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Current can be measured by a galvanometer, via the deflection of a magnetic needle in the magnetic field created by the current.

The ampere (symbol: A) is the SI unit of electric current[1] and is one of the seven[2] SI base units. It is named after André-Marie Ampère (1775–1836), French mathematician and physicist, considered the father of electrodynamics. In practice, its name is often shortened to amp.

In practical terms, the ampere is a measure of the amount of electric charge passing a point per unit time. Around 6.242 × 1018 electrons passing a given point each second constitutes one ampere.[3] (Since electrons have negative charge, they flow in the opposite direction to the conventional current.)



Ampère's force law[4][5] states that there is an attractive force between two parallel wires carrying an electric current. This force is used in the formal definition of the ampere which states that it is the constant current which will produce an attractive force of 2 × 10–7 newtons per metre of length between two straight, parallel conductors of infinite length and negligible circular cross section placed one metre apart in a vacuum.[1][6][7]

In terms of Ampère's force law,

2 \times 10^{-7}\ {\rm\tfrac N m}=k_A\frac{1{\rm A}\cdot 1{\rm A}}{1{\rm m}}


1\ {\rm A}=\sqrt{\frac{2\times 10^{-7}\rm\ N}{k_A}}

The SI unit of charge, the coulomb, "is the quantity of electricity carried in 1 second by a current of 1 ampere."[8] Conversely, a current of one ampere is one coulomb of charge going past a given point per second:

\rm 1\ A=1\tfrac C s

That is, in general, charge Q is determined by steady current I flowing for a time t as Q = It.


The ampere was originally defined as one tenth of the CGS system electromagnetic unit of current (now known as the abampere), the amount of current which generates a force of two dynes per centimetre of length between two wires one centimetre apart.[9] The size of the unit was chosen so that the units derived from it in the MKSA system would be conveniently sized.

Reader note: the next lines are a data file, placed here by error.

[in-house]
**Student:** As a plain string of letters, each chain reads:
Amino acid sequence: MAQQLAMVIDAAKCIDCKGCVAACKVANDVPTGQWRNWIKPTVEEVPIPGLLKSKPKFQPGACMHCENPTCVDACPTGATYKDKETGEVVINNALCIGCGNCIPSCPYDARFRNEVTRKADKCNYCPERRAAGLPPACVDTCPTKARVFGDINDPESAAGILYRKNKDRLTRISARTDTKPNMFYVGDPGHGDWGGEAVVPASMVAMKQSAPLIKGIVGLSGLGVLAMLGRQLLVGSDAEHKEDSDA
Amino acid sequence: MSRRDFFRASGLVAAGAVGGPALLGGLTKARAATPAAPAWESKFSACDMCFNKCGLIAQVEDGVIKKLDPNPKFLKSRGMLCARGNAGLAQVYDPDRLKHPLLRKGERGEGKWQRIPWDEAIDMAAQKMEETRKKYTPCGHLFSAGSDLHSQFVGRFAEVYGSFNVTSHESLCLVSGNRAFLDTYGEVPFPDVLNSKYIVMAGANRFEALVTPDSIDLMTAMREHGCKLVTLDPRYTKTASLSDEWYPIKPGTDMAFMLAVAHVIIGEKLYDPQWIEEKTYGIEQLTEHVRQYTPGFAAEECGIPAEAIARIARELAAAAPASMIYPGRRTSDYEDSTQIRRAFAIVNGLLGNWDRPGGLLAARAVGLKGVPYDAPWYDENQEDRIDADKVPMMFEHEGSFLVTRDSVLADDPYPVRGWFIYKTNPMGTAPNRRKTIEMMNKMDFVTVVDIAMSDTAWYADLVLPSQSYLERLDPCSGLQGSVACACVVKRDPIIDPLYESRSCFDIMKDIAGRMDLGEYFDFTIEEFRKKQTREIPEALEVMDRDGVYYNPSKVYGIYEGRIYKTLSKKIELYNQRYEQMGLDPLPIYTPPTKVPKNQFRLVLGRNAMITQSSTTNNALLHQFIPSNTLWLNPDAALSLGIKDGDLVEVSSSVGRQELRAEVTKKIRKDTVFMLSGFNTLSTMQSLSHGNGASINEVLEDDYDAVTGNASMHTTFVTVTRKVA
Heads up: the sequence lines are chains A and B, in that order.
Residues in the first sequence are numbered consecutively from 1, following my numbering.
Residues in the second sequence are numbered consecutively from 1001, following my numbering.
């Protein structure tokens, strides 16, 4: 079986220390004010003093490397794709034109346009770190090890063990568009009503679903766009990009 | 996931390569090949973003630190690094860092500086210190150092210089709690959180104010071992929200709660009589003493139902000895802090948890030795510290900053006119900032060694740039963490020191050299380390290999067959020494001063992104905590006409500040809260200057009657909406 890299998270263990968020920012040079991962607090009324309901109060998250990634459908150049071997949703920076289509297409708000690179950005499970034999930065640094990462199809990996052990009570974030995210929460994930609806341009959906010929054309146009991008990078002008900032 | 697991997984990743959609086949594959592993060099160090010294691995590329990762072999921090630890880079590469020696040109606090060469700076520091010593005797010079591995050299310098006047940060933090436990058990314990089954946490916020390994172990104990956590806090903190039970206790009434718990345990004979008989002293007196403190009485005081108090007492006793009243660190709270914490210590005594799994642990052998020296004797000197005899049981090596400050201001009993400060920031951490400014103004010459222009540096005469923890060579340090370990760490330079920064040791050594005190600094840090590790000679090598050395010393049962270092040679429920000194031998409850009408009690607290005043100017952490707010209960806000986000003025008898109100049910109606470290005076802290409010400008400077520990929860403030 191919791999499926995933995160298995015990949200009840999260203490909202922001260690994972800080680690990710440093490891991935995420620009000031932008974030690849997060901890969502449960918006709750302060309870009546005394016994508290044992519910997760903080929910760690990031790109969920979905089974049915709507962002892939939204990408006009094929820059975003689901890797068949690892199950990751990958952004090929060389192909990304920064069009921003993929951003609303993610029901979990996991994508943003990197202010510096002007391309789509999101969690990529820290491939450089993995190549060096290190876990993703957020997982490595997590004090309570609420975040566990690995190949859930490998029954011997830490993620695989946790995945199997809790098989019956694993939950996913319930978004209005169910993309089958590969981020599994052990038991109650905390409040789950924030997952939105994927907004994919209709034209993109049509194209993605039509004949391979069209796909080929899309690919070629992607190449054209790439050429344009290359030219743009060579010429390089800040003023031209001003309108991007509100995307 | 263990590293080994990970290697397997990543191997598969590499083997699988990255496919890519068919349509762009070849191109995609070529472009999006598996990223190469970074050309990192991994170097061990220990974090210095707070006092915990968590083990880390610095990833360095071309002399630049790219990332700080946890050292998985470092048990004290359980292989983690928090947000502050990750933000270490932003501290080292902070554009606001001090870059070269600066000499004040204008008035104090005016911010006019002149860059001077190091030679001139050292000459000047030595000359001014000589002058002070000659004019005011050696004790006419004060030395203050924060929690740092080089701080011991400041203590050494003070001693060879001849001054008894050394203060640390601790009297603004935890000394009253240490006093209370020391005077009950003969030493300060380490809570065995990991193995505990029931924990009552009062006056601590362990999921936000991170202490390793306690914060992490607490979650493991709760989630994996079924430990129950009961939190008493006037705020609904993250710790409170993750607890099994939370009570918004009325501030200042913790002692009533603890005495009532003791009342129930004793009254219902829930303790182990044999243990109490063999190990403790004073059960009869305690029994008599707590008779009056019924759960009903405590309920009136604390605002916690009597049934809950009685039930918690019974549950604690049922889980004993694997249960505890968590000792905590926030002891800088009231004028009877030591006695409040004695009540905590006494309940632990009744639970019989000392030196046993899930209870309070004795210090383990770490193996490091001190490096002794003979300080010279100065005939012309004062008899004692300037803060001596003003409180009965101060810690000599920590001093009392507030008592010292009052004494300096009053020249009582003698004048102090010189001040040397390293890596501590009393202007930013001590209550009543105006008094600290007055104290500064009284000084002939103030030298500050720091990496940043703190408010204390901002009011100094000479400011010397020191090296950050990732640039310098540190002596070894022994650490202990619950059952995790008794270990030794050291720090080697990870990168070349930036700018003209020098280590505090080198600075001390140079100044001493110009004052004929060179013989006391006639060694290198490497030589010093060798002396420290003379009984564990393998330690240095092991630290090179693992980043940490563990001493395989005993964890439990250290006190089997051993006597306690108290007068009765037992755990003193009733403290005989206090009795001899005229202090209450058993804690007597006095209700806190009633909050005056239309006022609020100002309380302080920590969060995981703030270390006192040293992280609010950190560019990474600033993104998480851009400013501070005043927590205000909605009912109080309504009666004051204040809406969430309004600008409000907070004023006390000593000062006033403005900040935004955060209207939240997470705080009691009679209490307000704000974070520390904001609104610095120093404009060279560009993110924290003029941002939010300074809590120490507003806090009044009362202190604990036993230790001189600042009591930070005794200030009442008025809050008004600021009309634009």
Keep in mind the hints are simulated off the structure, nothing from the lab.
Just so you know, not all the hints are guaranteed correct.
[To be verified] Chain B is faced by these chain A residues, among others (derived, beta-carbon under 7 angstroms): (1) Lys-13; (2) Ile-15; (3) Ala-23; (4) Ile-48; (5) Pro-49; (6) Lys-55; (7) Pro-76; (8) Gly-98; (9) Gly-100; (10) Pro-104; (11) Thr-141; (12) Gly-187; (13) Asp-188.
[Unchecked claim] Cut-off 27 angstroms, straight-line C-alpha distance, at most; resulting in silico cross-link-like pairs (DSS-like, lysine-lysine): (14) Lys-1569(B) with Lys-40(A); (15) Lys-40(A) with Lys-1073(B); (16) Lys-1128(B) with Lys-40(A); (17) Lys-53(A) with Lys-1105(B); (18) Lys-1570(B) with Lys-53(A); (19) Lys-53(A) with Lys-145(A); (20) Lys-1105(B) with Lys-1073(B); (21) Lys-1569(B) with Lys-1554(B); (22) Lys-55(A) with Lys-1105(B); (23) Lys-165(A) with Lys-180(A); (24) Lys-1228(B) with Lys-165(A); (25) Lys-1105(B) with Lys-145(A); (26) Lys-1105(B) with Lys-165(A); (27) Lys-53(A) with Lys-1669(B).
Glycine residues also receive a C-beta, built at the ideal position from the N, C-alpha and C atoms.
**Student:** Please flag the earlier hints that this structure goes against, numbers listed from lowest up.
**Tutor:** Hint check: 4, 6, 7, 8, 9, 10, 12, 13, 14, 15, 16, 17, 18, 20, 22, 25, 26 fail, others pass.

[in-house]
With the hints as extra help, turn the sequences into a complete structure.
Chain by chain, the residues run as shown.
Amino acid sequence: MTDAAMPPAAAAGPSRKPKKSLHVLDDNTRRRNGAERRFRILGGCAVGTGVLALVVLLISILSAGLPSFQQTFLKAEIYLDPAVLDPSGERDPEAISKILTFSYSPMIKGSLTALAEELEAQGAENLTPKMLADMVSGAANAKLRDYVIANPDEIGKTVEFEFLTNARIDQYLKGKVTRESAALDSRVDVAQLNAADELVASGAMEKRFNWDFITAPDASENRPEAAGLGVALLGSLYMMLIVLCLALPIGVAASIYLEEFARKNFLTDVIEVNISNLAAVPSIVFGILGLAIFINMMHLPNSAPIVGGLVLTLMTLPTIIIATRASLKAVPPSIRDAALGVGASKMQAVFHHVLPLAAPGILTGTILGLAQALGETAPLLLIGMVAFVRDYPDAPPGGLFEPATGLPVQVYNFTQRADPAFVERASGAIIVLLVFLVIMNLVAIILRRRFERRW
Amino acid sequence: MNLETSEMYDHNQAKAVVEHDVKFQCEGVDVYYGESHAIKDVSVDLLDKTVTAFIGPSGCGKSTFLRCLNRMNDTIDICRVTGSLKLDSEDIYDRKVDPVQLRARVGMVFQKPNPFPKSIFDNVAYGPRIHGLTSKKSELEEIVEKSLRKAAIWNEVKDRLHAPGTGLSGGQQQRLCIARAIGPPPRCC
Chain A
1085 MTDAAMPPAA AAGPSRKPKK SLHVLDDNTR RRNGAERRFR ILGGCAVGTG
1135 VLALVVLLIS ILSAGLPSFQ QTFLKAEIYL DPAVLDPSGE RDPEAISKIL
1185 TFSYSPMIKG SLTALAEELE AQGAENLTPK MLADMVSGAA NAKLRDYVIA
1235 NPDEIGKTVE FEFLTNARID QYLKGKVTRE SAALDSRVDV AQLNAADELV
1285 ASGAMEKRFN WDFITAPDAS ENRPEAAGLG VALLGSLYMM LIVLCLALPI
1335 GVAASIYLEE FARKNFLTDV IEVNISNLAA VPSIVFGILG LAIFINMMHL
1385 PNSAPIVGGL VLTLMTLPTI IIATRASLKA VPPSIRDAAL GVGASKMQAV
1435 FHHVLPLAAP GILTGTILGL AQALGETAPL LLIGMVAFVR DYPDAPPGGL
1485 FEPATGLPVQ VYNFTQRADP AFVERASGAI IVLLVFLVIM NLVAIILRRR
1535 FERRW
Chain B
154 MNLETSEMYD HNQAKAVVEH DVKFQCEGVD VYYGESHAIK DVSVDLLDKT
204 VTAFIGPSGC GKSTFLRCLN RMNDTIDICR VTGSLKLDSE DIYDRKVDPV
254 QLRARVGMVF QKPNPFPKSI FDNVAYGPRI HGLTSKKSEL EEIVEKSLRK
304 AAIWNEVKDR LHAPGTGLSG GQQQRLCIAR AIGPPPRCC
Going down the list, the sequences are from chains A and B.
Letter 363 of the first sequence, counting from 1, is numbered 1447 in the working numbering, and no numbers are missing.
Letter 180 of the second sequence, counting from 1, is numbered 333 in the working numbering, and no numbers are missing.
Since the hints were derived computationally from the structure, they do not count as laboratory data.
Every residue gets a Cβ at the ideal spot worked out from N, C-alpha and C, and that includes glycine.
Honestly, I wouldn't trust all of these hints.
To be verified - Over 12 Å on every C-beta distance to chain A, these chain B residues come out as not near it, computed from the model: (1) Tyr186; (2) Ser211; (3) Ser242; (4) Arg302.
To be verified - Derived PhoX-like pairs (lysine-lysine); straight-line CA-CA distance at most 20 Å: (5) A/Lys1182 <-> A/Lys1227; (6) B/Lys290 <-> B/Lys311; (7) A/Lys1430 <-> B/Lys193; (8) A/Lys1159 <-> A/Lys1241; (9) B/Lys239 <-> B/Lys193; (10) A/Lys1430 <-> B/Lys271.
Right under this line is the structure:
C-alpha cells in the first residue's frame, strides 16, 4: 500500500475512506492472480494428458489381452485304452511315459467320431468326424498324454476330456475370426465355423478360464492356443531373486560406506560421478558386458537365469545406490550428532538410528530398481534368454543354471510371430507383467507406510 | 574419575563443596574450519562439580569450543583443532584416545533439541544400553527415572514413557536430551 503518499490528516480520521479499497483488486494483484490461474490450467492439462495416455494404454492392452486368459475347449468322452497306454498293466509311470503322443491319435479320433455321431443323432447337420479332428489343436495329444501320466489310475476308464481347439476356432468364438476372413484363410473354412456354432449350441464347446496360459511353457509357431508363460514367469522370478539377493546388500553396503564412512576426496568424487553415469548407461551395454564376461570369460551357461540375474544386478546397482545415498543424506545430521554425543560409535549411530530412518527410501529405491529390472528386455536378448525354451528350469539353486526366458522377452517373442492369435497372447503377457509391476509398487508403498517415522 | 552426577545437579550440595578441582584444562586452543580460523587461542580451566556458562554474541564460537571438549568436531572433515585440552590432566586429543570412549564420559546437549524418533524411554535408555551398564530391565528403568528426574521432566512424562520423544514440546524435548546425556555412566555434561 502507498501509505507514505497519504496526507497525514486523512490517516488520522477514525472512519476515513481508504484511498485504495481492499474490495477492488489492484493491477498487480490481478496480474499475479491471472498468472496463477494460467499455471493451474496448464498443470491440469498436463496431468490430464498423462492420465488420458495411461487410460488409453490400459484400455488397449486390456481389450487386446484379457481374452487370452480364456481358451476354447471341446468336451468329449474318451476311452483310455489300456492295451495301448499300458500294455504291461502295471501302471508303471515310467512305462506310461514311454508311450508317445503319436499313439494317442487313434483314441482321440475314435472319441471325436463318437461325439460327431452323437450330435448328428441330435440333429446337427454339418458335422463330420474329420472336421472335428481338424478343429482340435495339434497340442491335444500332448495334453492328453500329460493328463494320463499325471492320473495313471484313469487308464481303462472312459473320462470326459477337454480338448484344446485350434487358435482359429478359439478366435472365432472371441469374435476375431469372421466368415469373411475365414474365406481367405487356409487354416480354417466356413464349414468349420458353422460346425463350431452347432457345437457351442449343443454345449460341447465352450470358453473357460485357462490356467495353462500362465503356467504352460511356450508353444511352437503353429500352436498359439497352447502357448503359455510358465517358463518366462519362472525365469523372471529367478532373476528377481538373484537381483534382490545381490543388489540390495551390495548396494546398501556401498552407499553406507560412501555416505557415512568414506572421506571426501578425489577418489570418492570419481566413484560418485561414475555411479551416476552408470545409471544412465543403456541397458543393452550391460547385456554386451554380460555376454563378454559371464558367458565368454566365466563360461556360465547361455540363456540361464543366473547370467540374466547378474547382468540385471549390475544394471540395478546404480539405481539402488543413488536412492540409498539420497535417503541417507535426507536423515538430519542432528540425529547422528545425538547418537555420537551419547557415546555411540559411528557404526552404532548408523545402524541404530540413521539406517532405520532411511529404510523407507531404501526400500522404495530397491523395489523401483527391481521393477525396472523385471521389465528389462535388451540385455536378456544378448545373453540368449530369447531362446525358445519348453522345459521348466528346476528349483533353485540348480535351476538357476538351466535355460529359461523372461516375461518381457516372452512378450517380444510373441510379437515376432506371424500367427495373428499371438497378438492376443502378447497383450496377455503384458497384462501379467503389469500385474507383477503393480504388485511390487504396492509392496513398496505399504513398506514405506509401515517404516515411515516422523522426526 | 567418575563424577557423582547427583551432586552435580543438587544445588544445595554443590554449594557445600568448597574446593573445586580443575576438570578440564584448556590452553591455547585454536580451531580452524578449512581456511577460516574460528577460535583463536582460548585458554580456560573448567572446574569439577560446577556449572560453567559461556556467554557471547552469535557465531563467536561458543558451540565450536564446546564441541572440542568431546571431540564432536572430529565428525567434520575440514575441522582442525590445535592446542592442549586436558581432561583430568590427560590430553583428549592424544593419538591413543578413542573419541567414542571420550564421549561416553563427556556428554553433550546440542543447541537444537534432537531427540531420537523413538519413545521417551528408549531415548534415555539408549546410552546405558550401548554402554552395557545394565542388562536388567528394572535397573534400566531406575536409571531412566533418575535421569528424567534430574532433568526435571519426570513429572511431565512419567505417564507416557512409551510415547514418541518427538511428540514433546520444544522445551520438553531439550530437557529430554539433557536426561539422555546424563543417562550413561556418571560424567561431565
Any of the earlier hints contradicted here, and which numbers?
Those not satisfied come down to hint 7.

The "international ampere" was an early realisation of the ampere, defined as the current that would deposit 0.001118000 grams of silver per second from a silver nitrate solution.[10] Later, more accurate measurements revealed that this current is 0.99985 A.


The ampere is most accurately realised using a watt balance, but is in practice maintained via Ohm's Law from the units of electromotive force and resistance, the volt and the ohm, since the latter two can be tied to physical phenomena that are relatively easy to reproduce, the Josephson junction and the quantum Hall effect, respectively.[11]

At present, techniques to establish the realisation of an ampere have a relative uncertainty of approximately a few parts in 107, and involve realisations of the watt, the ohm and the volt.[12]

Proposed future definition

Rather than a definition in terms of the force between two current-carrying wires, it has been proposed to define the ampere in terms of the rate of flow of elementary charges.[13] Since a coulomb is approximately equal to 6.24150948×1018 elementary charges, one ampere is approximately equivalent to 6.24150948×1018 elementary charges, such as electrons, moving past a boundary in one second. The proposed change would define 1 A as being the current in the direction of flow of a particular number of elementary charges per second. In 2005, the International Committee for Weights and Measures (CIPM) agreed to study the proposed change, and, depending on the outcome of experiments over the next few years, to formally propose the change at the 24th General Conference on Weights and Measures (CGPM) in 2011.[14]

See also


  1. ^ a b BIPM official definition
  2. ^ The other six are the metre, kelvin, second, mole, candela and the kilogram
  3. ^ Bodanis, David. (2005). Electric Universe. New York: Three Rivers Press
  4. ^ Raymond A Serway & Jewett JW (2006). Serway's principles of physics: a calculus based text (Fourth Edition ed.). Belmont, CA: Thompson Brooks/Cole. p. 746. ISBN 053449143X.,M1. 
  5. ^ Beyond the Kilogram: Redefining the International System of Units(2006). National Institute of Standards and Technology. Square brackets appear in original. Retrieved March 2008.
  6. ^ The BIPM does not distinguish between quantum vacuum and free space.
  7. ^ Paul M. S. Monk, Physical Chemistry: Understanding our Chemical World, John Wiley and Sons, 2004 online.
  8. ^ Bureau International des Poids et Mesures. (2006).The International System of Units (SI), 8th ed. p. 144.
  9. ^ A short history of the SI units in electricity
  10. ^ History of the ampere
  11. ^ Practical realisation of unit definitions: Electrical quantities
  12. ^ BIPM SI brochure; Appendix 2
  13. ^ Beyond the Kilogram: Redefining the International System of Units
  14. ^ International Committee for Weights and Measures (CIPM) Recommendation 1 (CI-2005): Preparative steps towards new definitions of the kilogram, the ampere, the kelvin and the mole in terms of fundamental constants

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